Officials from the FBI and U.S. Capitol Police say they are taking "seriously" some intelligence that suggests there is a plot by a militia group and some QAnon believers to help bring Donald Trump back to power on March 4.
An FBI bulletin suggests that the Three Percenters may be leading a plot to breach the U.S. Capitol again in the name of Trump, and Capitol Police said on Tuesday that they were increasing security ahead of Thursday. They say in a statement that the "Department is aware of and prepared for any potential threats towards members of Congress or towards the Capitol complex."
As ABC News reports, the Capitol complex remains surrounded by temporary fencing topped with razor wire, and 5,000 National Guard troops remain on site following the January 6 breach.
"Based on the intelligence that we have, the Department has taken immediate steps to enhance our security posture and staffing for a number of days, to include March 4th," the Capitol Police said on Tuesday. "The Department has communicated our enhanced posture as well as the available intelligence for the entire workforce."
A law enforcement source tells ABC News that the FBI bulletin suggested the Three Percenters may be plotting to "use diversionary tactics such as detonating a bomb" to draw law enforcement away from the Capitol, and then storm the Capitol following the diversion. The group allegedly was trying to get 50,000 militia members to come to D.C. this week, but initial intelligence suggests they have not succeeded in gathering a force that big.
In their desperation, there has been a lot of QAnon chatter centering on March 4 in recent weeks — apparently in reference to March 4 being the original date for presidential inauguration in the Constitution. (That was prior to the ratification of the 20th Amendment in 1933, which moved it to Jan. 20.) The stalwart believers now have pinned hopes on Trump returning to power — apparently through a domestic terrorist plot? — on Thursday.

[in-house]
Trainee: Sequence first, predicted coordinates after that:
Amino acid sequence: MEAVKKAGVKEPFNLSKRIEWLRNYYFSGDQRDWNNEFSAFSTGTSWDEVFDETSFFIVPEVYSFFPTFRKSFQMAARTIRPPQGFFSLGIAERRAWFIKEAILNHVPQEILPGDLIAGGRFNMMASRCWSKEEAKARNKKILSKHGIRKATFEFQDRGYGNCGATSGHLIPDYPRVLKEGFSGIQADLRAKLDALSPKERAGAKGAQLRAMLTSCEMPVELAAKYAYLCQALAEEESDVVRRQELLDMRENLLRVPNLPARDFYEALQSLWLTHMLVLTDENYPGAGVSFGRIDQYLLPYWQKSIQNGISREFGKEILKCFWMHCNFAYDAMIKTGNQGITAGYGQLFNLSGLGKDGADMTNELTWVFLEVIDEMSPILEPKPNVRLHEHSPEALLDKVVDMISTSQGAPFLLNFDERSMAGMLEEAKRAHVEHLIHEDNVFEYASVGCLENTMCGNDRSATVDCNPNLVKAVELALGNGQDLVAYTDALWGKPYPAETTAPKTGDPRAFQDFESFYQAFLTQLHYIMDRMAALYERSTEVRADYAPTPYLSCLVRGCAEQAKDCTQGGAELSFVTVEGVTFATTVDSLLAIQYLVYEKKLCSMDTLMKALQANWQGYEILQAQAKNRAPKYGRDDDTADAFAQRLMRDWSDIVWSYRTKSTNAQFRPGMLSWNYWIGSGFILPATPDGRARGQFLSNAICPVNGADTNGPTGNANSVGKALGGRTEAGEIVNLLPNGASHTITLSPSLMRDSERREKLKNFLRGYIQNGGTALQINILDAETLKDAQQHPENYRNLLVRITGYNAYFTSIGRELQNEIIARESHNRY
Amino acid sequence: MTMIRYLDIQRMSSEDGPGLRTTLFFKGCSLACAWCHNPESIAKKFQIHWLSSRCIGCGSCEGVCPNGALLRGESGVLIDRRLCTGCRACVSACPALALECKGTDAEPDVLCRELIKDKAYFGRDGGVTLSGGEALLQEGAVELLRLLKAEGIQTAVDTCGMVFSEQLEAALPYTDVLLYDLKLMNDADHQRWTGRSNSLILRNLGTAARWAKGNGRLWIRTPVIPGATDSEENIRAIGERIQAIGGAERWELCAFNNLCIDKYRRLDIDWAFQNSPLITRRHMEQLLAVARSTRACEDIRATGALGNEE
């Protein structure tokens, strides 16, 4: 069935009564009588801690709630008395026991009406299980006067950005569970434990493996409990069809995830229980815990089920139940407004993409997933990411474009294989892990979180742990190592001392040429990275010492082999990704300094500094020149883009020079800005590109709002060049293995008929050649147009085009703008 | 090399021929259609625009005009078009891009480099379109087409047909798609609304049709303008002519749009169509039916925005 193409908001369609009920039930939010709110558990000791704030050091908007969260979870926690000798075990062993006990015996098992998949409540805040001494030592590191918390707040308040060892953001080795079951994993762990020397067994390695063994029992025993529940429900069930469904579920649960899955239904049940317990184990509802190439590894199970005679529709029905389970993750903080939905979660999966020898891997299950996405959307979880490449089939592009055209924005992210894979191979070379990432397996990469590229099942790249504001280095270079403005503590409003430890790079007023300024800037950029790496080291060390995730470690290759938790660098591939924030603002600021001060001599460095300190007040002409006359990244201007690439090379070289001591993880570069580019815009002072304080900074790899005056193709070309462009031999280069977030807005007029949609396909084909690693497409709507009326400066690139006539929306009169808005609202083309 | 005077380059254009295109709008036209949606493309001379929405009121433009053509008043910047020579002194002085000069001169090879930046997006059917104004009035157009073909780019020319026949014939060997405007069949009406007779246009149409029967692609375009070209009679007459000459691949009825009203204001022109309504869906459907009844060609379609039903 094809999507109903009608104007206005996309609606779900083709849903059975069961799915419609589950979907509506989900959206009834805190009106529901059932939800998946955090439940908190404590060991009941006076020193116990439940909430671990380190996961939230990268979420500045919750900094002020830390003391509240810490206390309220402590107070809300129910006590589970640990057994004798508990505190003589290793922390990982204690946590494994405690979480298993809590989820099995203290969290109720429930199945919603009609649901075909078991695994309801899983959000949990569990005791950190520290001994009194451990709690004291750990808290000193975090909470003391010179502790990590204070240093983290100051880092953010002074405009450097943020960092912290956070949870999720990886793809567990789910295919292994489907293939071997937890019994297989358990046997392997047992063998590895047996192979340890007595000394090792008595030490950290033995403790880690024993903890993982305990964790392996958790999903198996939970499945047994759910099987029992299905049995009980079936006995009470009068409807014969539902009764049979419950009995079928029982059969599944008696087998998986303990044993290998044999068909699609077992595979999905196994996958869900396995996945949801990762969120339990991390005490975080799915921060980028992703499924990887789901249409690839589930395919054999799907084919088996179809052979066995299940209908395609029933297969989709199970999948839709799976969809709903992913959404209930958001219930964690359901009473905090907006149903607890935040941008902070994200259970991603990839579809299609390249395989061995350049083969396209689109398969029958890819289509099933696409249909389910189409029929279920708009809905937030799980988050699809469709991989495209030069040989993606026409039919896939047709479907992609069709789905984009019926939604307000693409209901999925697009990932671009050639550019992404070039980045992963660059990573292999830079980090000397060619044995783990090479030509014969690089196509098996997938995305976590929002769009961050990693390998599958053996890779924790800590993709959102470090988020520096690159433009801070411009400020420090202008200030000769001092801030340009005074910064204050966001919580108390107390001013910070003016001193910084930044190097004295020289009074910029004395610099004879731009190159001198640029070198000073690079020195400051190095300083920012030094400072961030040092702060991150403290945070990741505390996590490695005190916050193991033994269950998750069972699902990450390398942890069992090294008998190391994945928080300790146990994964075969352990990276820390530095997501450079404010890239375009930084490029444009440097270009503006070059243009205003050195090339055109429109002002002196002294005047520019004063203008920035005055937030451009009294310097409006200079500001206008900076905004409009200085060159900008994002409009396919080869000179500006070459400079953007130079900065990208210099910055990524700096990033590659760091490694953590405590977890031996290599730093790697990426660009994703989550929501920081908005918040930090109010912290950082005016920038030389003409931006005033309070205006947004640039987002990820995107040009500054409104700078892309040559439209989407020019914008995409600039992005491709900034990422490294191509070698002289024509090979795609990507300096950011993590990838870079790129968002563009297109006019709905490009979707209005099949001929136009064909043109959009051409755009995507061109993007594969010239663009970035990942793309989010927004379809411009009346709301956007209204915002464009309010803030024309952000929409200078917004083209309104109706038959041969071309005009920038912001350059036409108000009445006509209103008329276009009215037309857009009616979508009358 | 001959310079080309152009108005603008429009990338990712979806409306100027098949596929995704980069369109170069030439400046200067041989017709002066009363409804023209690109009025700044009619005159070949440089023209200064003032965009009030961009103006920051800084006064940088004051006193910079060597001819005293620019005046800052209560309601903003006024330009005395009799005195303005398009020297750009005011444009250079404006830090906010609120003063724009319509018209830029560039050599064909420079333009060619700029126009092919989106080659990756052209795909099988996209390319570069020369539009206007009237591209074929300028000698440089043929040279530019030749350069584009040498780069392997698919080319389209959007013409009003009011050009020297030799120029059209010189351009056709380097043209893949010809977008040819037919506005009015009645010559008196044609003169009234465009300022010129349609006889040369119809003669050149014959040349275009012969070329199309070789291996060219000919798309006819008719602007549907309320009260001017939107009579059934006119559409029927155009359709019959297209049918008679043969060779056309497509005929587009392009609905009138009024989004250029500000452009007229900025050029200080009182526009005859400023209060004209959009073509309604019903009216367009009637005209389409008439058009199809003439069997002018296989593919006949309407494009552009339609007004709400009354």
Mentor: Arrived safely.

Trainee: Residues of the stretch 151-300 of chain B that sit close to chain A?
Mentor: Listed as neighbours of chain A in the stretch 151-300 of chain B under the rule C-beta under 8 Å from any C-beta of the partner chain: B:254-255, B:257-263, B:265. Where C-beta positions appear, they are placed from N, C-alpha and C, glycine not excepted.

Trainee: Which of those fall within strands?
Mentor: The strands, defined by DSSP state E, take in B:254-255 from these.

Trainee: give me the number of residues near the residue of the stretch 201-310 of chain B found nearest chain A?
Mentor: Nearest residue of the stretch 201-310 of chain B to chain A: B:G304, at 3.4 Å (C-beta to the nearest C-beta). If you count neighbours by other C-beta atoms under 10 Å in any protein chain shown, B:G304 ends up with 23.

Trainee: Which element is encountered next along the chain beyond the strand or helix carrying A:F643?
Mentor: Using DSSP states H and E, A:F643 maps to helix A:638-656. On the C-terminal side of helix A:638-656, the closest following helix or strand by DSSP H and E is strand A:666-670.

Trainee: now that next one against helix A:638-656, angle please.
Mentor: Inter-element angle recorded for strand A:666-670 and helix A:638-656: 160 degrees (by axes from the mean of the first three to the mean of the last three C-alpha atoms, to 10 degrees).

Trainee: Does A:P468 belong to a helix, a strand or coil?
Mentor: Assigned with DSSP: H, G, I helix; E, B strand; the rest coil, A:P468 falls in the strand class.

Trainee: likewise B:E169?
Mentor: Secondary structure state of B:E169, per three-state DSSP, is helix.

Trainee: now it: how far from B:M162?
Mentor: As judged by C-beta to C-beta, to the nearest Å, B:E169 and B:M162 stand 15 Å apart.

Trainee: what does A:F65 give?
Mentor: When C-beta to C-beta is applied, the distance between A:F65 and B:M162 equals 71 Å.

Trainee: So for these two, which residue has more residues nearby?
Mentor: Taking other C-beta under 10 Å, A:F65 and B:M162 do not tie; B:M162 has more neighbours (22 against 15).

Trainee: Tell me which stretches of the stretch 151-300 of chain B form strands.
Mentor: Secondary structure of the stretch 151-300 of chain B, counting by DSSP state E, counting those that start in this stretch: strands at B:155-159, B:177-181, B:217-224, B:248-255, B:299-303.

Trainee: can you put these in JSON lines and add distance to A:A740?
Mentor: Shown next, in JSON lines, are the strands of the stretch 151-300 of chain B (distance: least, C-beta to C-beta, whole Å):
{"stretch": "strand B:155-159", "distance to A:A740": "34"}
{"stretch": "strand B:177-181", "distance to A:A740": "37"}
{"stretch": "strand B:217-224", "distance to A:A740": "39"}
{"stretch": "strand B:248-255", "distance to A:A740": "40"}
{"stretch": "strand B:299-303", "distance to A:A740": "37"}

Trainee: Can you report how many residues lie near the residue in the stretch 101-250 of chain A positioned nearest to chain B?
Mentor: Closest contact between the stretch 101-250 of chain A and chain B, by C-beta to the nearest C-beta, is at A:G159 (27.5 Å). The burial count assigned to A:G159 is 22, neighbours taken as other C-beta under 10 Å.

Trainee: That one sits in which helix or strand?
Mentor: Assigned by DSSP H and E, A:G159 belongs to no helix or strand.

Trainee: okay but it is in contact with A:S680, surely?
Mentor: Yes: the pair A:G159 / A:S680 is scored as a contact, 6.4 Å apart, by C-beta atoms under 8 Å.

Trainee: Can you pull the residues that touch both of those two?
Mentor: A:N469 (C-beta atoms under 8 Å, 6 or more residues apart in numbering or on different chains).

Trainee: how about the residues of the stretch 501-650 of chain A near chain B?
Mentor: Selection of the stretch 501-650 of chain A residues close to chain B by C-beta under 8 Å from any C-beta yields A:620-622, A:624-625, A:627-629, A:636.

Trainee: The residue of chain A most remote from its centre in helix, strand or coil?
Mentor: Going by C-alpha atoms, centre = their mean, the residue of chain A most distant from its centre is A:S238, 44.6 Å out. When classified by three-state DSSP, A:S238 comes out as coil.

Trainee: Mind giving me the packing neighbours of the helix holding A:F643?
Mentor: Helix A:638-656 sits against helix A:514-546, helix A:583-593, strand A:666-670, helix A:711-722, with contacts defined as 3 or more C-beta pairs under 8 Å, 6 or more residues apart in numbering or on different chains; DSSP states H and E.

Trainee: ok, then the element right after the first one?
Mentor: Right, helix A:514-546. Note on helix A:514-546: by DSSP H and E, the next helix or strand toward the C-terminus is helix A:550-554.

The report is highly concerning as it marries both QAnon followers — who believe a vast array of sometimes contradictory and convoluted stories that center on Trump being a savior of democracy and a covert warrior against liberal pedophiles, of which there are hundreds or thousands in D.C. — and the Three Percenters, who have been fomenting a second American Revolution for years.
The Three Percenters are a right-wing extremist group — and there are splinter factions that use versions of the name 3%ers and III%ers in their names — that base their mission on the debunked myth that only three percent of American colonists took up arms against the British during the American Revolution. Federal prosecutors say that some members "regard the present-day US Government as analogous to the British" in terms of infringement on civil liberties, and they advocate taking up arms against them.
It may not shock you to learn that the Three Percenters was founded in 2008 in response to the election of Barack Obama, by a member of the Oath Keepers from Alabama, Michael "Mike" Brian Vanderboegh. Vanderboegh was a leftie back in the 70s and a member of Students for a Democratic Society, but by the 90s he had gone full right-wing and become a Second Amendment activist.
Interestingly, like so many of these groups, the Three Percenters claims on its website not to be a militia, and not to be white-supremacist, even though it's all a big racist morass of groups with overlapping memberships at this point.
Before QAnon went mainstream last year thanks to Facebook, the FBI had labeled it a "dangerous extremist group" back in August 2019. QAnon believers were saddened when the conspiracy-driven plotline of Trump declaring martial law and refusing to leave office on January 6 failed to come pass. And March 4 is apparently the latest carrot that's been dangled by whoever is pretending to be "Q" these days.
As ABC News reports, just this week, U.S. Department of Homeland Security's Office of Intelligence and Analysis issued a confidential report to law enforcement agencies suggesting that the ongoing threat of domestic terrorism is being driven by "violent anti-government or anti-authority narratives, periods of prolonged civil unrest and conspiracy theories," and it is a trend that will likely continue into 2021 and "could escalate to include targeting of critical infrastructure."
In related news, Attorney General nominee Merrick Garland, who is likely to be confirmed by the full Senate soon, is somewhat of a specialist in domestic terrorism. As the New York Times reports, earlier in his career, before becoming a judge on the DC Circuit, Garland was the go-to person in the Justice Department on domestic terrorism after he led the investigation into the 1995 Oklahoma City bombing.
Top image: DC National Guard troops stand watch at the U.S. Capitol on January 08, 2021 in Washington, DC. Fencing was put up around the building the day before, following the storming of the Capitol by Trump supporters on January 6. (Photo by John Moore/Getty Images)